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Checking My Method For Differentiation

  1. Oct 22, 2013 #1
    1. The problem statement, all variables and given/known data

    Differentiate the following with respect to x

    y = [itex]\frac{4}{x^{3}}[/itex] + [itex]\frac{x^{3}}{4}[/itex]


    3. The attempt at a solution

    So the problem here is really getting this into a form that is easy to differentiate and i'd just like to show what i'm doing before I go ahead and do the rest of my questions. The step i'm least confident with is applying chain rule to each term separately...

    I want to use the chain rule here, so I would rearrange to this;

    y = (x3)-4 + (4)-x3

    dy/dx = -4(x3)-53x2 - x3(4)-x3-1.0

    dy/dx = -4(x3)-53x2

    dy/dx = -12x2(x3)-5

    (made irrelevant by discussion below)

    So, is this ok? I am concerned that my second term disappears, but that's what it looks like I have to do.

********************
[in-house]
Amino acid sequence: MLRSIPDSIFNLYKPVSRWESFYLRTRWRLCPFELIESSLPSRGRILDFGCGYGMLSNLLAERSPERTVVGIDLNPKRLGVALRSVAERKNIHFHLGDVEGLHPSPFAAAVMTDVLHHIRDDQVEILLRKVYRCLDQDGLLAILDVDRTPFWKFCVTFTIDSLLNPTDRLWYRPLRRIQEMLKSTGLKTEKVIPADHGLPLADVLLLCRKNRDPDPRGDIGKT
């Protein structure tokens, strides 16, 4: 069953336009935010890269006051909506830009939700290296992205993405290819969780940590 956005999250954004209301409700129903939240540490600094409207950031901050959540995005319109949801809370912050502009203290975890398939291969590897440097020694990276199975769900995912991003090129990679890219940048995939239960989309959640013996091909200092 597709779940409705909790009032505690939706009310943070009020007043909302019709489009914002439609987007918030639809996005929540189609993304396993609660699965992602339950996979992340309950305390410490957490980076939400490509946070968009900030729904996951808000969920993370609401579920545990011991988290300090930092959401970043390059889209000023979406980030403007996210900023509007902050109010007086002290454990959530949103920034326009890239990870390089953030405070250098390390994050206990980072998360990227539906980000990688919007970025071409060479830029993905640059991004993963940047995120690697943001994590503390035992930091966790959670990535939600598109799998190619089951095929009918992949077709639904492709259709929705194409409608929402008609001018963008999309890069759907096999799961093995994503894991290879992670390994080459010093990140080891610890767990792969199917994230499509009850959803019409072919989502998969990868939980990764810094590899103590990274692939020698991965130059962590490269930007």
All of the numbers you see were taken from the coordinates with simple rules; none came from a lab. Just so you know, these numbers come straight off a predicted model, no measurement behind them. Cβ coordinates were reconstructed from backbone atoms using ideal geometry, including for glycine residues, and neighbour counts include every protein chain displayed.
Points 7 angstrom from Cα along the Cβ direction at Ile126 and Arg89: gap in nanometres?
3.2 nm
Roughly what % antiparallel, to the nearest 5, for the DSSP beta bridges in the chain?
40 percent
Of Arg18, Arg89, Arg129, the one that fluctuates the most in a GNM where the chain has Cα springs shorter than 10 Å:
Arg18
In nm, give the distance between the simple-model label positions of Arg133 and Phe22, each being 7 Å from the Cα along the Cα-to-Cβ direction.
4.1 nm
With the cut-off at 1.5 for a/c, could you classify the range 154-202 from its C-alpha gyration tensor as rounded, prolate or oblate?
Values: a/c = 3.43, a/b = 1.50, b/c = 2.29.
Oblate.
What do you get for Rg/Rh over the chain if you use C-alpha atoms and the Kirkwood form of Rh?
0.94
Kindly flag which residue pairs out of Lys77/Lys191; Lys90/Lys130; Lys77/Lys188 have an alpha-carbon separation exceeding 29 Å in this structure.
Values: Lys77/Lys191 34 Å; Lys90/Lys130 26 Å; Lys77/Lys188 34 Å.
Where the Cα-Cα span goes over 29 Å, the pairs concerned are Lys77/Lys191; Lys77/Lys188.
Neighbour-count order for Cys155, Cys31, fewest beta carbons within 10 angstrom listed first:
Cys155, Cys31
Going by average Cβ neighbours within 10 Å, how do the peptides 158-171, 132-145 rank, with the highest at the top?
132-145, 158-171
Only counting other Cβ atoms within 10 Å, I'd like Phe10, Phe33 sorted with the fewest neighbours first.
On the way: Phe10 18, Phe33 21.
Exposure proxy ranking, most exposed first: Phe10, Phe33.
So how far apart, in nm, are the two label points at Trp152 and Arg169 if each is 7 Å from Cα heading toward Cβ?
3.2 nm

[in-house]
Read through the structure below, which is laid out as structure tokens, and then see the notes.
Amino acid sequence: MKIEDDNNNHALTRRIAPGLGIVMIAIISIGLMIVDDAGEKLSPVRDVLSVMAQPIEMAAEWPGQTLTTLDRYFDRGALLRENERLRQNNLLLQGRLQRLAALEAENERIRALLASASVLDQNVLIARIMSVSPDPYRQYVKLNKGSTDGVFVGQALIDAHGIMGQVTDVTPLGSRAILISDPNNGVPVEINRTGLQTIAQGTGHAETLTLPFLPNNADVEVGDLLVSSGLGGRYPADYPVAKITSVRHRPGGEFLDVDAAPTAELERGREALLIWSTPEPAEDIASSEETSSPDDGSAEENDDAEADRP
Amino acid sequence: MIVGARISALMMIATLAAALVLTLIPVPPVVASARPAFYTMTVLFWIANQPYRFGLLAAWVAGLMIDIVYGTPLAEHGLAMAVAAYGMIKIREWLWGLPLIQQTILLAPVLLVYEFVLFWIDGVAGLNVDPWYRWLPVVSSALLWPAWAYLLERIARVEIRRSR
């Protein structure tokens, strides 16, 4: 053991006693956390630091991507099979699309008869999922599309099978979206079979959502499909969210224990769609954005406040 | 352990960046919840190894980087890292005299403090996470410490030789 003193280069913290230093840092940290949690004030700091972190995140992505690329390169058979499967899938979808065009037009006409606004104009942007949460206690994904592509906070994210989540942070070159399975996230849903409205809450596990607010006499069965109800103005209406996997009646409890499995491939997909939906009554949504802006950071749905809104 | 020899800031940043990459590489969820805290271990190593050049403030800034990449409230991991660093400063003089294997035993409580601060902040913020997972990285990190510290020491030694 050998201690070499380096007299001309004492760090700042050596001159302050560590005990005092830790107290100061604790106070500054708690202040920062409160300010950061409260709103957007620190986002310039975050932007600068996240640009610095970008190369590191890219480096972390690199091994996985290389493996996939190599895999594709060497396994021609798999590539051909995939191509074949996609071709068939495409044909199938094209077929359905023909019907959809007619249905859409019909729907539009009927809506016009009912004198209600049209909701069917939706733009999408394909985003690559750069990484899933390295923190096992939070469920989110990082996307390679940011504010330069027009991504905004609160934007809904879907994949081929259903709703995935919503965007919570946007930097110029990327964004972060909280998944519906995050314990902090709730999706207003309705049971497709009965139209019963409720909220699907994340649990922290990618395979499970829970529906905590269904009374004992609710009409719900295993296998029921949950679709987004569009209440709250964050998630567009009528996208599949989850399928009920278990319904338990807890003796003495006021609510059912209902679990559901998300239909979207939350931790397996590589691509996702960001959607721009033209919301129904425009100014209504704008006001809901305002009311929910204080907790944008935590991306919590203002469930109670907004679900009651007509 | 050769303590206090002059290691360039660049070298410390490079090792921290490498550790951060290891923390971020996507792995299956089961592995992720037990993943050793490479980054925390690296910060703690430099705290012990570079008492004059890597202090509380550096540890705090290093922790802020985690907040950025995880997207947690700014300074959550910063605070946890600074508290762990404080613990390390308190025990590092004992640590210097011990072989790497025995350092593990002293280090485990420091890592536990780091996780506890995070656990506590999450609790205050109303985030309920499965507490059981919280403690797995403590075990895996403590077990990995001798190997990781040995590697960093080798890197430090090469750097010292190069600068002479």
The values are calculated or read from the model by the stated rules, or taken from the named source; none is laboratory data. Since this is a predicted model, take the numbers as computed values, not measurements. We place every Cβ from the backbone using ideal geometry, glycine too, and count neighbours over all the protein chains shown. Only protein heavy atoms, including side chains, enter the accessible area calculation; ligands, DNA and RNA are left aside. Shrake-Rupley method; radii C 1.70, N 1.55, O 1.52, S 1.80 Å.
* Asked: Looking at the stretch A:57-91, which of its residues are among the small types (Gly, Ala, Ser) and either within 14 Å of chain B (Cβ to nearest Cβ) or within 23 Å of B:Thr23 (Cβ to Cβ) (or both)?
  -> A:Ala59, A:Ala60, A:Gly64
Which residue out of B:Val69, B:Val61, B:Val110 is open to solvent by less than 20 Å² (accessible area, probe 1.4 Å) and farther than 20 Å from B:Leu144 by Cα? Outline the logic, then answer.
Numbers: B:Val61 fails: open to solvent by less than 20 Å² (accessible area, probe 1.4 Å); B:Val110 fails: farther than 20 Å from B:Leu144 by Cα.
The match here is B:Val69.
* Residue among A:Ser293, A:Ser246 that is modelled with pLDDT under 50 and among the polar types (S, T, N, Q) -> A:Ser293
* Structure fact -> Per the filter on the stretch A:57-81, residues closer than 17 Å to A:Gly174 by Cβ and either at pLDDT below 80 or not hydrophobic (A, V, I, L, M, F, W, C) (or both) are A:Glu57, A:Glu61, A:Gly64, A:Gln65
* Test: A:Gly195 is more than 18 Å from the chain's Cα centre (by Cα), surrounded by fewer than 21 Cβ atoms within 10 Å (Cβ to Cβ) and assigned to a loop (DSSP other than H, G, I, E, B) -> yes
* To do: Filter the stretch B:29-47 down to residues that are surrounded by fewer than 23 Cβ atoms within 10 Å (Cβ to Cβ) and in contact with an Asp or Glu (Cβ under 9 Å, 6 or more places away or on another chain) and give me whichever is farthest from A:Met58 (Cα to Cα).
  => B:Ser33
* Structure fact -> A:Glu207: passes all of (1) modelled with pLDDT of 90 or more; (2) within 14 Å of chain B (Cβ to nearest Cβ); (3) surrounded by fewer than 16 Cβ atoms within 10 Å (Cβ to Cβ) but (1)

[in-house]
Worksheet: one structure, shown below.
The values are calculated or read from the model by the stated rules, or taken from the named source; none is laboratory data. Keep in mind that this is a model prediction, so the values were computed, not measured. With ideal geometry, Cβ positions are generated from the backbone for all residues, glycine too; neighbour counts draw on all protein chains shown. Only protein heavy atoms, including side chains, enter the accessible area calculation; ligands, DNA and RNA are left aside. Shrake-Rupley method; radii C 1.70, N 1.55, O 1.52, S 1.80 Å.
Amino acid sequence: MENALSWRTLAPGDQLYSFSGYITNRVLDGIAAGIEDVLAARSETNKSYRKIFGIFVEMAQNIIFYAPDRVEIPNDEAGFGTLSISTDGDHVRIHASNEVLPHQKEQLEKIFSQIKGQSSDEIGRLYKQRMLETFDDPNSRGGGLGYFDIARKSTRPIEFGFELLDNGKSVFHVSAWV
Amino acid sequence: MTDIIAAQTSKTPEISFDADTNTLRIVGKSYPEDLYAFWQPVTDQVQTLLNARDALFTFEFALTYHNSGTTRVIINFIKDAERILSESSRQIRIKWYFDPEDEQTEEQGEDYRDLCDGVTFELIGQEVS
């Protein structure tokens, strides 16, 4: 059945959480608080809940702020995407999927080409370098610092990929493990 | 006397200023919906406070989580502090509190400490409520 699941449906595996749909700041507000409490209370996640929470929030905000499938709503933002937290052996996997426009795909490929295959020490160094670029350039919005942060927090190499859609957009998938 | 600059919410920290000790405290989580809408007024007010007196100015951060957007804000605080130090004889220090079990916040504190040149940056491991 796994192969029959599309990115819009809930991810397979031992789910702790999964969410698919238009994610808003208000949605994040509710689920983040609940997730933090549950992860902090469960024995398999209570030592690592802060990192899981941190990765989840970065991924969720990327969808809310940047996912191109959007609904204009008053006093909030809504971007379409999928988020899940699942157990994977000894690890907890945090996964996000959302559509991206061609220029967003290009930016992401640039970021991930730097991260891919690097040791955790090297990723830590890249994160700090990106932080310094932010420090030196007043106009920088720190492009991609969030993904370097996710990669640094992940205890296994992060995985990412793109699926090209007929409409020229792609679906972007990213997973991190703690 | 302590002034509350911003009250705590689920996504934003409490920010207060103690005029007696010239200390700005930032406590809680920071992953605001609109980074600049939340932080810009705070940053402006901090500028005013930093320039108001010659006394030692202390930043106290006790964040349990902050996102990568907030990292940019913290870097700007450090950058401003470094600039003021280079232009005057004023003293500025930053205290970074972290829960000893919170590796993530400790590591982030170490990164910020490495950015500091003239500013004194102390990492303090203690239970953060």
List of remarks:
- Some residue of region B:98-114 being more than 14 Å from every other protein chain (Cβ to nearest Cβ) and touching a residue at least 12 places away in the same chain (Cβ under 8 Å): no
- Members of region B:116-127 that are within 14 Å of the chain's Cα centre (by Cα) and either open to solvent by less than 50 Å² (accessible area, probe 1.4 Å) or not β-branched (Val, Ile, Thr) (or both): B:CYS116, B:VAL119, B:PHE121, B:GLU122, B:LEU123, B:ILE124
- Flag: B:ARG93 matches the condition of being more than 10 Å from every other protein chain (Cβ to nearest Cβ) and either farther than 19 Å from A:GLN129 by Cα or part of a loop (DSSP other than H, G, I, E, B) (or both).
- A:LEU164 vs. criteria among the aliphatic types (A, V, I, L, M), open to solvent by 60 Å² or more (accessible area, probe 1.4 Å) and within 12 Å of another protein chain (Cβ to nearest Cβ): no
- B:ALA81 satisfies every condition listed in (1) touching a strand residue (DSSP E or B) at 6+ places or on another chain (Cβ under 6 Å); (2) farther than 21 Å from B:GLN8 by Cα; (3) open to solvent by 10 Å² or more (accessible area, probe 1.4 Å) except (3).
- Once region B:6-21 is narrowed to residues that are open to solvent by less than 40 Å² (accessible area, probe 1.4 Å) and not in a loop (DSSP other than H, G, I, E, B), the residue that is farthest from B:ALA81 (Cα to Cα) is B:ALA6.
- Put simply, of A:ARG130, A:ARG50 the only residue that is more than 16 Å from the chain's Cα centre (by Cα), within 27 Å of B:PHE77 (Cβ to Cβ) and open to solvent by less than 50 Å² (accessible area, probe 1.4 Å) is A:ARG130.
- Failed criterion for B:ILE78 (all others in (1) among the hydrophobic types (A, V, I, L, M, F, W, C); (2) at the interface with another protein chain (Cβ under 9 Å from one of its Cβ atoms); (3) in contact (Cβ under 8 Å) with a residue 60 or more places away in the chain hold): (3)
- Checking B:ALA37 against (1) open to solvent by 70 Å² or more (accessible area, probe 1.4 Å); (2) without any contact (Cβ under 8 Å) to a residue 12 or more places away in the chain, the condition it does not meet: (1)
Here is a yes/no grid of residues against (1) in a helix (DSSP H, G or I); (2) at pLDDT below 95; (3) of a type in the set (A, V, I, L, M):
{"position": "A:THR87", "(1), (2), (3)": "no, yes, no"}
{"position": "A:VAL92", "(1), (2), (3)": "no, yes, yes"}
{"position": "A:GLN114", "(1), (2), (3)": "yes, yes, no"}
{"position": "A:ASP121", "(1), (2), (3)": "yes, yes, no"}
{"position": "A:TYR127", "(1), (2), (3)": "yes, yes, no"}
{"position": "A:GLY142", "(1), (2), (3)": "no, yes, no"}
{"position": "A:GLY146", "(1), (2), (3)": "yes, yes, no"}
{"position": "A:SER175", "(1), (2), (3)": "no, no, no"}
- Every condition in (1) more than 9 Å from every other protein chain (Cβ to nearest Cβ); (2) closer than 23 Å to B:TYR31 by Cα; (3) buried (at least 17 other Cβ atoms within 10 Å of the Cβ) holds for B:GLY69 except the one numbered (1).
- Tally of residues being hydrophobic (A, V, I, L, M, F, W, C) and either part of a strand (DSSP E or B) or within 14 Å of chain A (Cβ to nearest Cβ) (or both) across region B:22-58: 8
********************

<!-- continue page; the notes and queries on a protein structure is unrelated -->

Thanks for any help you can give!
     
    Last edited: Oct 22, 2013
  2. jcsd
  3. Oct 22, 2013 #2

    FeDeX_LaTeX

    User Avatar
    Gold Member

    How did you get that?
     
  4. Oct 22, 2013 #3
    [itex](x^{3})^{-4}[/itex] = [itex]4/x^{3}[/itex] is it not?
     
  5. Oct 22, 2013 #4

    FeDeX_LaTeX

    User Avatar
    Gold Member

    It is not -- ##(x^3)^{-4} = x^{-12}##.

    ##\frac{4}{x^3} = 4x^{-3}##
     
  6. Oct 22, 2013 #5

    Mark44

    Staff: Mentor

    No, it is not.

    ##\frac 4 {x^3} = 4x^{-3}##

    For your problem there is no need for the chain rule.
     
  7. Oct 22, 2013 #6
    I have made this mistake a few times before... Thanks for catching it.
     
  8. Oct 22, 2013 #7
    That's become somewhat clearer to me after my mistake was pointed out.

    so y = [itex]4x^{-3} + x^{3}(4^{-1})[/itex]

    dy/dx = [itex]-12x^{-4} -4^{-2}3x^{2}[/itex]

    dy/dx = [itex]-12x^{-4} - (3/2) x^{2}[/itex]
     
  9. Oct 22, 2013 #8

    Mark44

    Staff: Mentor

    y = 4x-3 + (1/4)x3
    dy/dx = -12x-4 + (3/4)x2

    You are using the power rule on something that is not a function. 4-1 is a constant, so its derivative is zero.
     
  10. Oct 22, 2013 #9
    Ah, I understand.

    Thank you.
     
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